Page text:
His “God made a fighter” ad, launched during his gubernatorial campaign last year but clearly intended for a national audience, is a slick amalgamation of the two sides and probably a good forecast of Christianity’s place in this race. That’s why we should notice how little of Christ this campaign-prop Christianity contains. In fact, the ad never mentions Jesus at all.

It has no specifically Christian imagery, not even a cross. Church, visualized as disembodied raised hands, comes up only as a destination a DeSantis voter might wish to visit. Though clearly intended to appeal to evangelicals, there’s nothing specifically Christian here, let alone anything evangelical. A Jewish or Mormon candidate could produce the same ad—cut off the first five words (“And on the eighth day”) and a Muslim or generically deist candidate could too.

And beyond that deliberate religious ambiguity, this ad isn’t really about God or faith at all. DeSantis is the one who will save the people’s “jobs, their livelihoods, their liberty, their happiness.” He’s the hero of this tale. The narrator quotes imagined words from God at length, but God isn’t the object of praise here. God’s the one doing the praising. He’s praising Ron DeSantis.

Shrunk down to prop size and glazed in cheeky mid-century nostalgia, Christianity serves the campaign, not the other way around. The result is a clever ad, delivered in Christianese fluent enough to appeal to a large and useful voting bloc but vague enough to avoid highlighting the candidate’s nonevangelical theology, alienating people who call themselves evangelicals only because of their politics, or turning off the growing post-religious right. I suspect it will be imitated widely in the months to come, maybe even revamped by DeSantis himself for his official national debut.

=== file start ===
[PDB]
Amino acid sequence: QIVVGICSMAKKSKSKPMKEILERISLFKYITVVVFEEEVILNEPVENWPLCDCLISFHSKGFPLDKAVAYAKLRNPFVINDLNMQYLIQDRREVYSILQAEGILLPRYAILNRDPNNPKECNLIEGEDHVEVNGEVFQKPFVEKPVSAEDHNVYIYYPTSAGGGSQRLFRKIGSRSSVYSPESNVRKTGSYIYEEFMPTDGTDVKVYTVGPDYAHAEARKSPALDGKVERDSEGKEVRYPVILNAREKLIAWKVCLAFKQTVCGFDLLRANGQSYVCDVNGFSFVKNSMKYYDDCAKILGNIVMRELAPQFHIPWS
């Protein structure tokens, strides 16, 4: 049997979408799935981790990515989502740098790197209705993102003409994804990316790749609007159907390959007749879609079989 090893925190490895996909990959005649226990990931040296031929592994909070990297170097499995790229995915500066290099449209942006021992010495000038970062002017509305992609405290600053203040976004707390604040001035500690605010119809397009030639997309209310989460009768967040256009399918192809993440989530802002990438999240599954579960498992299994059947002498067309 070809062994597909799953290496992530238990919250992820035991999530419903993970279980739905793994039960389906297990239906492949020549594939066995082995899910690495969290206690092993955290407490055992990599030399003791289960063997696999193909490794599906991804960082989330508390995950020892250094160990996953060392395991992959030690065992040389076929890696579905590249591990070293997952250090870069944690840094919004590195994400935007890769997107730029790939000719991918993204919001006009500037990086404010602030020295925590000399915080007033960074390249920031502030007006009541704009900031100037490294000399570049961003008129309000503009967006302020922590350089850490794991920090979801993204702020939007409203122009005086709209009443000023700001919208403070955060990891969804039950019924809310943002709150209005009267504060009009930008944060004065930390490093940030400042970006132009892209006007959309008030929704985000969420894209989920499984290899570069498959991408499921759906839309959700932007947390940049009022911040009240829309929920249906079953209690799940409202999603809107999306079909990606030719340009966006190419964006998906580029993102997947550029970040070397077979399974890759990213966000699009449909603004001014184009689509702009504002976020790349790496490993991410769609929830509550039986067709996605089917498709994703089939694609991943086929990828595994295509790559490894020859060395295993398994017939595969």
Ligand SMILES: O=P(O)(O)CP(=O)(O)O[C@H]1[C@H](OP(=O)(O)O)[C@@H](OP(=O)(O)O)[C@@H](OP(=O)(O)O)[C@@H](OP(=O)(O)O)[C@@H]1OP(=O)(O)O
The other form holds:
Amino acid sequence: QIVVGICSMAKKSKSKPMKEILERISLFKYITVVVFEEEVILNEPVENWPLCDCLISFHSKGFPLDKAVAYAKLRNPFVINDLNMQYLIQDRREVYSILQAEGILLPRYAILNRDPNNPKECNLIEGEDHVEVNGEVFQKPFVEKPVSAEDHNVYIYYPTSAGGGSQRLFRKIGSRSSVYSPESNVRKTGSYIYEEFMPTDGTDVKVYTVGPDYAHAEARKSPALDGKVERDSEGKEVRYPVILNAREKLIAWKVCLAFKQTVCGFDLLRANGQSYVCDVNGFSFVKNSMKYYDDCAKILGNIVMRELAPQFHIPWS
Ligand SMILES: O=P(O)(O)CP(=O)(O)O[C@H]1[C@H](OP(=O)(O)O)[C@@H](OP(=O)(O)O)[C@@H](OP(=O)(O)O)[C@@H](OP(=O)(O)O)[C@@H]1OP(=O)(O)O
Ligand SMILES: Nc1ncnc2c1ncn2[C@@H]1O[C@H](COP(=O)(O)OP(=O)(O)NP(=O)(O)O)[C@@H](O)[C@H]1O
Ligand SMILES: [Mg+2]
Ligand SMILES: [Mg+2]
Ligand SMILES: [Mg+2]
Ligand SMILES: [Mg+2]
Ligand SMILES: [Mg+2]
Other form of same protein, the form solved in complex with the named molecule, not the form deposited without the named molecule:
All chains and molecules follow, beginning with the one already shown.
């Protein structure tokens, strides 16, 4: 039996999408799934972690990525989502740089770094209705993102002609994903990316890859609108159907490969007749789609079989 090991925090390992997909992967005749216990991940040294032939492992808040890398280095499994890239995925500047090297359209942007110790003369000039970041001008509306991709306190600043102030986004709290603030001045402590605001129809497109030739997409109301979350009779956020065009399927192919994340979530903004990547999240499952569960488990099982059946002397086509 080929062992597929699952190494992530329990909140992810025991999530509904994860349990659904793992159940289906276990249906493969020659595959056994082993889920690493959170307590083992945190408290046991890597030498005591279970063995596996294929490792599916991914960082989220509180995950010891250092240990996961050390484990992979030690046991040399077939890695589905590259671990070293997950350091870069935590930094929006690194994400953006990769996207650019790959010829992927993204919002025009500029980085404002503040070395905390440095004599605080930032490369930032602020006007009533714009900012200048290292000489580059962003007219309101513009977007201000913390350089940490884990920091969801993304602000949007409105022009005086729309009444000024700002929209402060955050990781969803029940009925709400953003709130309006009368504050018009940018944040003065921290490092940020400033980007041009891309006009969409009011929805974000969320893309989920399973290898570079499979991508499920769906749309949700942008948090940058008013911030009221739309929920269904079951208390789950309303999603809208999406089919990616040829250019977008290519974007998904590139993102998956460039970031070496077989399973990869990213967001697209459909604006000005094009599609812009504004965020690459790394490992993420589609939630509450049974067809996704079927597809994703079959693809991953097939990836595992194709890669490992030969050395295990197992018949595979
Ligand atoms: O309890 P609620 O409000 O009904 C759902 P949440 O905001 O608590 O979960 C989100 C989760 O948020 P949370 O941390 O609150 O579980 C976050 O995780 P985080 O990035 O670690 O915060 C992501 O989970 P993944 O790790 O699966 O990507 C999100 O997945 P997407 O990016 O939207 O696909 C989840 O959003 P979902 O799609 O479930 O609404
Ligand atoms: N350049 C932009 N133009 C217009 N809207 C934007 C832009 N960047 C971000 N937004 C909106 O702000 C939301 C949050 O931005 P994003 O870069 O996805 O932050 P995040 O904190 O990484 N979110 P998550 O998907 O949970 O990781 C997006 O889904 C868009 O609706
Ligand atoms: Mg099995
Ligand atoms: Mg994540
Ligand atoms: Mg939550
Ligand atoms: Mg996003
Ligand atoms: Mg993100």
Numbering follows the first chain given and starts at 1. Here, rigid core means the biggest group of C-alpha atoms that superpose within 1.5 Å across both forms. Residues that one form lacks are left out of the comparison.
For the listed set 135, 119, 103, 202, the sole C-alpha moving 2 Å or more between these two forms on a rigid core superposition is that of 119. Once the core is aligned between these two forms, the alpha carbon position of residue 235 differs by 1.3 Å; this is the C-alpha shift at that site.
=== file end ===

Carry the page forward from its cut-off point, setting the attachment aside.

Article continues below

None of this is to suggest DeSantis and his fellow candidates are insincere in their own faith. I can only make educated guesses as to what’s in their hearts (Matt. 12:34–37), and I know for certain I too have acted out of “selfish ambition or vain conceit” (Phil. 2:3), failed to draw near to God (James 4:8), and “conform[ed] to the pattern of this world” (Rom. 12:2).

But we don’t need to judge others’ faith to get into “no true Christian” territory or to say campaign-prop Christianity isn’t really Christianity at all. The “fullness of the Deity” (Col. 2:9) can fit inside a baby, but not inside a campaign ad.

The Lesser Kingdom
A prophetic, eclectic, and humble take on current issues, public policy, and political events with thoughts on faithful engagement.
Bonnie Kristian
Bonnie Kristian is the editorial director of ideas and books at Christianity Today. She is the author of Untrustworthy: The Knowledge Crisis Breaking Our Brains, Polluting Our Politics, and Corrupting Christian Community (2022) and A Flexible Faith: Rethinking What It Means to Follow Jesus Today (2018) and a fellow at Defense Priorities, a foreign policy think tank. Bonnie has been widely published at outlets including The New York Times, The Week, CNN, USA Today, Politico, The New Atlantis, Reason, The Daily Beast, and The American Conservative. She lives in Pittsburgh with her husband, daughter, and twin sons.
Previous The Lesser Kingdom Columns: